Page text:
The woman, commanded by Jesus to go and sin no more, has been restored to her “upward calling”, Paul’s phrase. We re a people in a community “for God, “I formed for myself.” We, gifted with free will, can choose. Jesus is inviting the woman (and us) to live in such a way that our lives “announce my praise.”

The progressive steps of the journey to conformity to Christ are outlined by Paul in the Philippians reading. He is very aware and very clear that this all doesn’t just happen at once. It is a journey and a process that is challenging. The point is that I “continue my pursuit in hope that I may possess it.” This possession is not in economic language but in the language of athletic contest, the image of a race used elsewhere by Paul.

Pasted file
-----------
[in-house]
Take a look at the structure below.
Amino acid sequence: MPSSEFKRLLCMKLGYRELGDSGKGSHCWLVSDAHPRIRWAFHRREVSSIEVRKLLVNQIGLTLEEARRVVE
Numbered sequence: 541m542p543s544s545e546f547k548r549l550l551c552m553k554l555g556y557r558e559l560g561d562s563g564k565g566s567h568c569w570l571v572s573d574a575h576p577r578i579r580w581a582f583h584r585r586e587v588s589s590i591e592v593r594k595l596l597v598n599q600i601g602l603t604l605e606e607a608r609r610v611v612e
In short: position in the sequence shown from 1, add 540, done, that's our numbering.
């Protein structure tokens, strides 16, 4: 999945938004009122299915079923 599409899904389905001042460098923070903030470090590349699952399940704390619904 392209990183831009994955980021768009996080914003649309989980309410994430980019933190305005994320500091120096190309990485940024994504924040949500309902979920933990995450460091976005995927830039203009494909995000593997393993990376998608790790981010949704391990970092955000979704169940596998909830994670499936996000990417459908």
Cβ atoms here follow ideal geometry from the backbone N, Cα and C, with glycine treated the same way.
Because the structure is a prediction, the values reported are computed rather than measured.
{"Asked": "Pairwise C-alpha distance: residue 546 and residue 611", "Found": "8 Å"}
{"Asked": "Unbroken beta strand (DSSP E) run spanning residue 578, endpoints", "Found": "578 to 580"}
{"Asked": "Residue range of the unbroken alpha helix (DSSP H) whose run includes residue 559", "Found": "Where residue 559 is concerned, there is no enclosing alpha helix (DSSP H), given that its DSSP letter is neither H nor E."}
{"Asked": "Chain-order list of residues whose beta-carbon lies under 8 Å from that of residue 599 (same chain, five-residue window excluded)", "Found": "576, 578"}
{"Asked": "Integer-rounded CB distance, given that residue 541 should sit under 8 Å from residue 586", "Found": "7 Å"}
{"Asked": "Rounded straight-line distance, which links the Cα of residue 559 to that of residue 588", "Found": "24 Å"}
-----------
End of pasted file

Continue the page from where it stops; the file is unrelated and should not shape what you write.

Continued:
This language and its image present an opportunity for a homily about our own Lenten achievement of the goal. Athletic events, like soccer, are also very social events for the adults present. To some extent it is about community, competitive as it is.

Alan Hartway

Theological Studies at Catholic Theological Union, Chicago IL; Master of Fine Arts, Poetics, at Naropa University, Boulder CO 1996; Master of Arts, Greek Classics, University of Colorado, Boulder CO 2012; Taught at Naropa University from 1999 through 2015; Chair of Interdisciplinary Studies from 2007-2015; Member of the Missionaries of the Precious Blood, Kansas City Province since 1974; Pastor at Guardian Angel Catholic Church, Mead, CO, ministry from 2007-2020 Currently Retired

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